Sunday, June 15, 2008

Of crowns and crayons

This post excerpted from For Your Names' Sake,
Chapter 7 - Today:

by John D Ramsey

In Philippians 4 Paul describes being content in any situation. If he is hungry, he is content. If he is in need, he is content. Then he says, “I can do everything through him who gives me strength.”[1] Paul is not talking about personal ambition. He is talking about enduring hardship. He can be weak, because God makes him strong. In Revelation 3 Jesus talks to the church that is in Philadelphia, he says, “I know your deeds. See I have placed before you an open door that no one can shut. I know that you have little strength, yet you have kept my word and have not denied my name.” To this church, there is no warning or criticism. Jesus knows they are weak. He will be strong for them. He knows they are persecuted, so he promises to keep them “from the hour of trial that is going to come upon the whole world.” He tells them, “Hold on to what you have, so that no one will take your crown.”[2]

Lisa used to play a recording of Twila Paris singing, Let No Man Take Your Crown. Cara’s young ears took what she heard in Twila’s twang and applied what was familiar from her own hand, the result was, “Let no one take your crayon.” This was not surprising from the lips of the little girl who once recited, “Mirror, mirror, on the wall, who’s the fairest of the mall?” Jesus’ admonition to the churches was simple, and perhaps Cara understood this much: he demands faithfulness.

Faithfulness is not march-step obedience to a religious creed or institutional rules. Religious hierarchies are a form of legalism; consequently, they do not convey the truth of the resurrection. Paul called his fellow Apostles, Peter, James, and John, those in Jerusalem who seemed to be something. He then said that it made “no difference” because “God shows no partiality.”[3] Faithfulness to Jesus Christ does include obedience to divine order. We obey the government, for instance. Paul called civil authority a “minister of God to you for good.”[4] God works through governments for our benefit; nevertheless, no one and no thing intervenes in our relationship with Jesus Christ. We will not answer to a church institution on the Day of Judgment. Rather, we will answer to him who paid the price for our salvation.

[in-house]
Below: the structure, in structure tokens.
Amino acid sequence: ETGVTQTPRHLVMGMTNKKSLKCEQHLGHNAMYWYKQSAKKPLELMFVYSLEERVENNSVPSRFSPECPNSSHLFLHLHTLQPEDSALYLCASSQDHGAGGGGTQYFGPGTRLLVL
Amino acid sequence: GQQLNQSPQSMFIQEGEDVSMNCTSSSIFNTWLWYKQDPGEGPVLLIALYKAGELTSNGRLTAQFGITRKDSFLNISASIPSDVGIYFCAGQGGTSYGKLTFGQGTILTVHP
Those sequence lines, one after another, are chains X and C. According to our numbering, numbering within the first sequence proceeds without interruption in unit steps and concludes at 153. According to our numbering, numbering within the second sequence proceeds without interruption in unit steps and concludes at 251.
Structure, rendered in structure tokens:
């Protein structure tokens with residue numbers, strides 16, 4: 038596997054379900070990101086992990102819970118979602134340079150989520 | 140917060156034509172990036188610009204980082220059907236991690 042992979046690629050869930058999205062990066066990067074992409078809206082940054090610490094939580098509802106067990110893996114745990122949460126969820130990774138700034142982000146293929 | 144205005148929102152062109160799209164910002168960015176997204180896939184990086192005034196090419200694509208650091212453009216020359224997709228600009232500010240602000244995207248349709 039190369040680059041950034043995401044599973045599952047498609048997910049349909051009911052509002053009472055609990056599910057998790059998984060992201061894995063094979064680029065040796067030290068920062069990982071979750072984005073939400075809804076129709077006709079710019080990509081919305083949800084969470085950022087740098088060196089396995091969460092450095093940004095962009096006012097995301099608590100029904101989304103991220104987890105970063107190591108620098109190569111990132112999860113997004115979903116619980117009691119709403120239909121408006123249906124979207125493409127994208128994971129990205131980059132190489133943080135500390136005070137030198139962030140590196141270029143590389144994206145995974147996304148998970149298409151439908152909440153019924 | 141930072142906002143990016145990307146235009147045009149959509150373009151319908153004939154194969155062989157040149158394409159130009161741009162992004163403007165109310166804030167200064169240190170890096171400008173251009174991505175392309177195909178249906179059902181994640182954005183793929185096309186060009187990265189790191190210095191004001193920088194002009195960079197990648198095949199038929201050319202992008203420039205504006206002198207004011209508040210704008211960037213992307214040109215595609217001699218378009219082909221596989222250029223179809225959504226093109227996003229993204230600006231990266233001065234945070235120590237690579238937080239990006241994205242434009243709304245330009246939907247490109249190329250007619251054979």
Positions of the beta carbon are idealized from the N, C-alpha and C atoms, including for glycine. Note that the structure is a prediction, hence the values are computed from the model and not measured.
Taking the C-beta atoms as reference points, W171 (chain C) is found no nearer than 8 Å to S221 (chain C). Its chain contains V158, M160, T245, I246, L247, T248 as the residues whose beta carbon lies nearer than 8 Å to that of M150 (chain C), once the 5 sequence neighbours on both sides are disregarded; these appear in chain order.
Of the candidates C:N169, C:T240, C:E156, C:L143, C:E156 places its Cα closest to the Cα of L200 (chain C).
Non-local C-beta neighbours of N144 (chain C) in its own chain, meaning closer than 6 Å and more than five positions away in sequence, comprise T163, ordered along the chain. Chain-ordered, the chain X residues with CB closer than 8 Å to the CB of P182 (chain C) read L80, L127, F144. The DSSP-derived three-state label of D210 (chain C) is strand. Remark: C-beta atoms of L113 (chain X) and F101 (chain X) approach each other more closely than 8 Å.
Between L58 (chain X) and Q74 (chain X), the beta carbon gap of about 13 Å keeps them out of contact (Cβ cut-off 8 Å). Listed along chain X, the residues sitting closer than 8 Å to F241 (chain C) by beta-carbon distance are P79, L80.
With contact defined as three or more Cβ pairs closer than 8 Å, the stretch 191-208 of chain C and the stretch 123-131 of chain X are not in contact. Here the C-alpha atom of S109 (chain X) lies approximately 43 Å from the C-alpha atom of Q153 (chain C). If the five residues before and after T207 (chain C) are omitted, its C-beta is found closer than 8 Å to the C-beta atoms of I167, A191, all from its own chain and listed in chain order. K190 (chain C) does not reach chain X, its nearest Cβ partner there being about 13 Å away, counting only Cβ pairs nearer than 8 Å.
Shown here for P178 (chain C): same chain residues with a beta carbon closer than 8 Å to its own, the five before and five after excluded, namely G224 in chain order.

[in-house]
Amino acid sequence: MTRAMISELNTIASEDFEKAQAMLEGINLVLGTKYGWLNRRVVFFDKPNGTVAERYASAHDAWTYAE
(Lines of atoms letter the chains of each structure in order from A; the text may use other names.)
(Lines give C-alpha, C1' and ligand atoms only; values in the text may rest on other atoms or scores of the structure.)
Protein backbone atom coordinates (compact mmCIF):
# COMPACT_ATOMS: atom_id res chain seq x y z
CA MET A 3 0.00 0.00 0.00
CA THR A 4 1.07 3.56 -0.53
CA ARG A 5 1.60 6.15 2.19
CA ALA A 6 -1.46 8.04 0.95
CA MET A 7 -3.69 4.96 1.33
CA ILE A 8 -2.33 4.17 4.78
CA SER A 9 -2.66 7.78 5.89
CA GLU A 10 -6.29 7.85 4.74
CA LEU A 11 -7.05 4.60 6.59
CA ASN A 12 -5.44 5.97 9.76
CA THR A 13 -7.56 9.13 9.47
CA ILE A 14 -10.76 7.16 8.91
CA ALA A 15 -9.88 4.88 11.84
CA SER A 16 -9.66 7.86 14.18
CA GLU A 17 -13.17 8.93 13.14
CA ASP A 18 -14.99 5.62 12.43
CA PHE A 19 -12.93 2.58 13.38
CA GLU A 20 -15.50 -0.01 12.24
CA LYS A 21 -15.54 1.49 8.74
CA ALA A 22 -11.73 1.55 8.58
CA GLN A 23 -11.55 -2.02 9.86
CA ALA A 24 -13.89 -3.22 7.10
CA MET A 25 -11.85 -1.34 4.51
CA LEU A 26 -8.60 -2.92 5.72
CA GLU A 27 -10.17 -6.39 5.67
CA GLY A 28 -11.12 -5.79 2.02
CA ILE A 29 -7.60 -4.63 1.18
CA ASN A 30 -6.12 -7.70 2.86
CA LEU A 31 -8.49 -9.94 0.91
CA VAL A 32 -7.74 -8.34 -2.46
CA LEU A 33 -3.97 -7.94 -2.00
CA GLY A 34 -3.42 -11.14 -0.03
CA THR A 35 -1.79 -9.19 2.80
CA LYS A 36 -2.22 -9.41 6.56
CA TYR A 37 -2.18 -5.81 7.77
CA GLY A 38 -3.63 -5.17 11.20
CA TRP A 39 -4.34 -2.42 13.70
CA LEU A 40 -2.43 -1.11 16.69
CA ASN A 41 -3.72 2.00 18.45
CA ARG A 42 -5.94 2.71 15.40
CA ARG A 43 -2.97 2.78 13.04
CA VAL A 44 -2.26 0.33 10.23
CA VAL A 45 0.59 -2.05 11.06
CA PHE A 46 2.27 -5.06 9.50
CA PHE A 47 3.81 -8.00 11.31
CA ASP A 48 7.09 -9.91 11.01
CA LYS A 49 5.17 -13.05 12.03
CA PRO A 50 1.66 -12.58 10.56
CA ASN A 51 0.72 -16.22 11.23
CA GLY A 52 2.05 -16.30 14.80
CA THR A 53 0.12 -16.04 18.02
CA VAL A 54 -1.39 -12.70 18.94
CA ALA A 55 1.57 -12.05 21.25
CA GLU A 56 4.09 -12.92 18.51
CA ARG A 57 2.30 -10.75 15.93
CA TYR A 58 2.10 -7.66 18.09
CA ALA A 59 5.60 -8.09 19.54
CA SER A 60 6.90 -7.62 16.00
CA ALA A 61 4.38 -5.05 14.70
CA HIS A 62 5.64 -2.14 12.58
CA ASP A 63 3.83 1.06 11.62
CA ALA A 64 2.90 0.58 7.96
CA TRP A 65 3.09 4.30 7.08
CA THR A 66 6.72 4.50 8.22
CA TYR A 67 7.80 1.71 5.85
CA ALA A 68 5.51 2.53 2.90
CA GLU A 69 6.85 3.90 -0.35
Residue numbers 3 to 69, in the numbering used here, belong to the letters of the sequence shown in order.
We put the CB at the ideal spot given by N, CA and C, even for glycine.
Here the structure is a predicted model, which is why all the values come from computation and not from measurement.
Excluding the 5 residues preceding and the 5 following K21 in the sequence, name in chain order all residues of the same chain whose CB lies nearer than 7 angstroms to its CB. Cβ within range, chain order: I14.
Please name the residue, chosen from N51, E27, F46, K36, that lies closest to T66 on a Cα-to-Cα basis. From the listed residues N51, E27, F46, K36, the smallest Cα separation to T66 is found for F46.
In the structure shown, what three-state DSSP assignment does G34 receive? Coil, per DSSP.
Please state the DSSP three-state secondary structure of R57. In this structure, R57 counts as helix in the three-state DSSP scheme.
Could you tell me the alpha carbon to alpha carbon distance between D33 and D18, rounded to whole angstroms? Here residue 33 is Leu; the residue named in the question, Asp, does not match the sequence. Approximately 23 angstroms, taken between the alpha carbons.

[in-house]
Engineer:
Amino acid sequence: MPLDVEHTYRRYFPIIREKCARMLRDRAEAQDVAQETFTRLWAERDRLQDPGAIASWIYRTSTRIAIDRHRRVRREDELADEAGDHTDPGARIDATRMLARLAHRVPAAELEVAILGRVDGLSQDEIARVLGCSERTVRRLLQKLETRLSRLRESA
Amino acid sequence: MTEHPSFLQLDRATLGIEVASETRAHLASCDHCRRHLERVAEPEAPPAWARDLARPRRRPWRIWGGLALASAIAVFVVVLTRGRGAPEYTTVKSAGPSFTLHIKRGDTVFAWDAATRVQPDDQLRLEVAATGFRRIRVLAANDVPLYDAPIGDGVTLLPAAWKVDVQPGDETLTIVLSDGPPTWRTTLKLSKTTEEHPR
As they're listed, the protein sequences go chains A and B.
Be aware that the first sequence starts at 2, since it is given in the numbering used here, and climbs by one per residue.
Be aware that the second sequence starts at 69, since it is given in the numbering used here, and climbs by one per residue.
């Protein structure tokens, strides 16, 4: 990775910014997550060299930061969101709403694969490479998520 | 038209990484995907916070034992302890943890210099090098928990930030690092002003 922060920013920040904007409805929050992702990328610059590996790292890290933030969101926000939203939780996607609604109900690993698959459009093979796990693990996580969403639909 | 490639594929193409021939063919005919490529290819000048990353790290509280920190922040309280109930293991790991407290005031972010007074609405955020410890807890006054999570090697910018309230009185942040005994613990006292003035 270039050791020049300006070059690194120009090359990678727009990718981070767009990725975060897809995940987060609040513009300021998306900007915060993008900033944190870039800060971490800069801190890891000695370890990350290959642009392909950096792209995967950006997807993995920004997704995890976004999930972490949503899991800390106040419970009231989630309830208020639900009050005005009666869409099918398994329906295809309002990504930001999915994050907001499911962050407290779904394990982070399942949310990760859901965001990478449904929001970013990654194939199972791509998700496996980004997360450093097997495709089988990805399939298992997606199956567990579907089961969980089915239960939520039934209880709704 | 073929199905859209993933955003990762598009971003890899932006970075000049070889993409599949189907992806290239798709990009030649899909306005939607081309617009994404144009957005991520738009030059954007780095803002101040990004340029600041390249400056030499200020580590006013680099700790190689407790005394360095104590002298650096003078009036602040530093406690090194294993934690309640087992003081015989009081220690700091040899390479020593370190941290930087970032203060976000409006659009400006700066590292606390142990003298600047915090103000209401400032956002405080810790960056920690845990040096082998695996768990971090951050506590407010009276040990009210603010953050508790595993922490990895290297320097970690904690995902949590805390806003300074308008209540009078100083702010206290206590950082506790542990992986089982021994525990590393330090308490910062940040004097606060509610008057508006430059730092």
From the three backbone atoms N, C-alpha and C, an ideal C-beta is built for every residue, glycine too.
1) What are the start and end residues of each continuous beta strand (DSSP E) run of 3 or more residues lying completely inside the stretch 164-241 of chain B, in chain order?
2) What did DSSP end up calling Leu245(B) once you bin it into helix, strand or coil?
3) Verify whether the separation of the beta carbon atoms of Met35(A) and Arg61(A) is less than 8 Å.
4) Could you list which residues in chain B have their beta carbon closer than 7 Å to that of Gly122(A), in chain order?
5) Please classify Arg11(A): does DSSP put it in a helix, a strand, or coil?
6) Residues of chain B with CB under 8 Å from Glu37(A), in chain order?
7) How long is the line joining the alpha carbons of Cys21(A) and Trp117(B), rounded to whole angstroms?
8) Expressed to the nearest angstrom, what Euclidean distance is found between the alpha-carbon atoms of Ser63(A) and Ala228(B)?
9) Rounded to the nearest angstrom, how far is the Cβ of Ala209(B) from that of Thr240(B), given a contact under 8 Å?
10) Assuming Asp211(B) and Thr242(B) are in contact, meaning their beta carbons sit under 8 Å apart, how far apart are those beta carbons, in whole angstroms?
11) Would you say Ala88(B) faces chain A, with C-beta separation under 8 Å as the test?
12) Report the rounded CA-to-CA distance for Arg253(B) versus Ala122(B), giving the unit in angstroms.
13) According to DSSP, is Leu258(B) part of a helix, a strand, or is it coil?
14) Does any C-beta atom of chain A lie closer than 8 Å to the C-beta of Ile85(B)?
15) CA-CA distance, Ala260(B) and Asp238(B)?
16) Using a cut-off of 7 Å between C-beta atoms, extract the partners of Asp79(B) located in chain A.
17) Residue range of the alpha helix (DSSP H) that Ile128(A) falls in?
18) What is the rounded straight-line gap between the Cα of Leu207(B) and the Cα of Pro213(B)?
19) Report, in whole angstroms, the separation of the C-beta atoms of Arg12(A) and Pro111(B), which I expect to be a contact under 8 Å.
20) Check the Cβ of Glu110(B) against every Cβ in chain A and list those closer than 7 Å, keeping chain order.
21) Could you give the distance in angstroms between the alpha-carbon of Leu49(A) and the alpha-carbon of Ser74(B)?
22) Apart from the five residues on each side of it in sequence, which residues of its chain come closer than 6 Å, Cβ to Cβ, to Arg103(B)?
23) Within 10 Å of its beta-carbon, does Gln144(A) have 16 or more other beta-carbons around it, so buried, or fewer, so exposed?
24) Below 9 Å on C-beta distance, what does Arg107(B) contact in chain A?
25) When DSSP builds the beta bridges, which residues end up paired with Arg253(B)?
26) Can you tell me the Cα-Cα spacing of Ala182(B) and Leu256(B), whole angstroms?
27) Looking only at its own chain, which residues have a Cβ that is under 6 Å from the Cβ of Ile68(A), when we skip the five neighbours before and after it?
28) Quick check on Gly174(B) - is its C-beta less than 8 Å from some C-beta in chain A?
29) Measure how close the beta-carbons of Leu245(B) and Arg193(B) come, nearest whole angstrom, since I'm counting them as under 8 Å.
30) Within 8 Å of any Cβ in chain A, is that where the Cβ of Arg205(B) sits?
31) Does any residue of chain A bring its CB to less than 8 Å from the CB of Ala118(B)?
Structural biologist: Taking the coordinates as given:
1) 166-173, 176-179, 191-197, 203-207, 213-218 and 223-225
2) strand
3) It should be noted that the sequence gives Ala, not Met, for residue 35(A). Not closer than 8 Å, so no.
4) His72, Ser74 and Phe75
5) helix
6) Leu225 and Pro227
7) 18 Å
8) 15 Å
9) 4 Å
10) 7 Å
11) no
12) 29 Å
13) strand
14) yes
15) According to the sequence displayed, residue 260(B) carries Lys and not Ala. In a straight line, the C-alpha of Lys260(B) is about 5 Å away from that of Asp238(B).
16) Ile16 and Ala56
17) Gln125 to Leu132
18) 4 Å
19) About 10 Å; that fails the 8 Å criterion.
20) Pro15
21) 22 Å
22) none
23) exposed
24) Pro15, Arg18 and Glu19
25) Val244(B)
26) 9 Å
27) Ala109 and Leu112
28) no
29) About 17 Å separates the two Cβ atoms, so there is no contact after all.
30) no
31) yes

To the church of Smyrna, Jesus says, “I know your afflictions and your poverty—yet you are rich!” To Philadelphia he said, “I know that you have little strength, yet you have not denied my name.”[5] Jesus does not rebuke these two churches. They are hardly shining castles on a hill. They are oppressed and pressured. In Smyrna, some will be murdered for their faith. Jesus commends these churches. Those in weakness will by faith witness his power!

Of the other churches in Asia he says, “You have forsaken your first love . . . You have people there who hold the teaching of Balaam . . . You also have those who hold the teaching of the Nicolaitans . . . You tolerate that woman Jezebel . . . You have a reputation of being alive, but you are dead . . . You say, ‘I am rich; I have acquired wealth and do not need a thing.’ But you do not realize that you are wretched, pitiful, poor, blind and naked.” These are serious rebukes; what would he say to the modern church today? Who is our first love? Whom do we worship? Whom will we tolerate? Whom do we serve? What do we think we need?

Too often, we are concerned about buildings, programs, and finances as if these things mattered. Jude says, “Contend earnestly for the faith which was once for all handed down to the saints.”[6] Yet nowhere does the faith require buildings, programs, or finances. Almost nothing material is essential. That is why Jesus promised that God would provide us food and clothing in Matthew 6 (Even in our poorest weeks, we have always had food and clothing). When the church becomes self-obsessed then it has left its first love. We need to focus on Jesus Christ rather than on some facility, program, or organization. Churches fall in love with doing church, people fall in love with pastors or leaders and a type of idolatry emerges.

Churches attempting to influence society through political activism are in error. In the Parable of the Weeds in Matthew 13 Jesus tells us to let the weeds grow together with the wheat until the time of harvest. In the parable, the field is the world. The harvesters, who are angels and not men, will separate the wheat from the weeds on the day of harvest. We cannot pull weeds without damaging wheat. The Christian has longer-lasting influence as a messenger of the Gospel than he will ever have as a politician, lobbyist, or protester.

[1] Philippians 4:13 (NIV)
[2] Revelations 3:8, 10, 11 (NIV)
[3] Galatians 2:6 (NASB)
[4] Romans 13:4 (NASB)
[5] Revelation 2:9 (NIV)
[6] Jude 3 (NASB)

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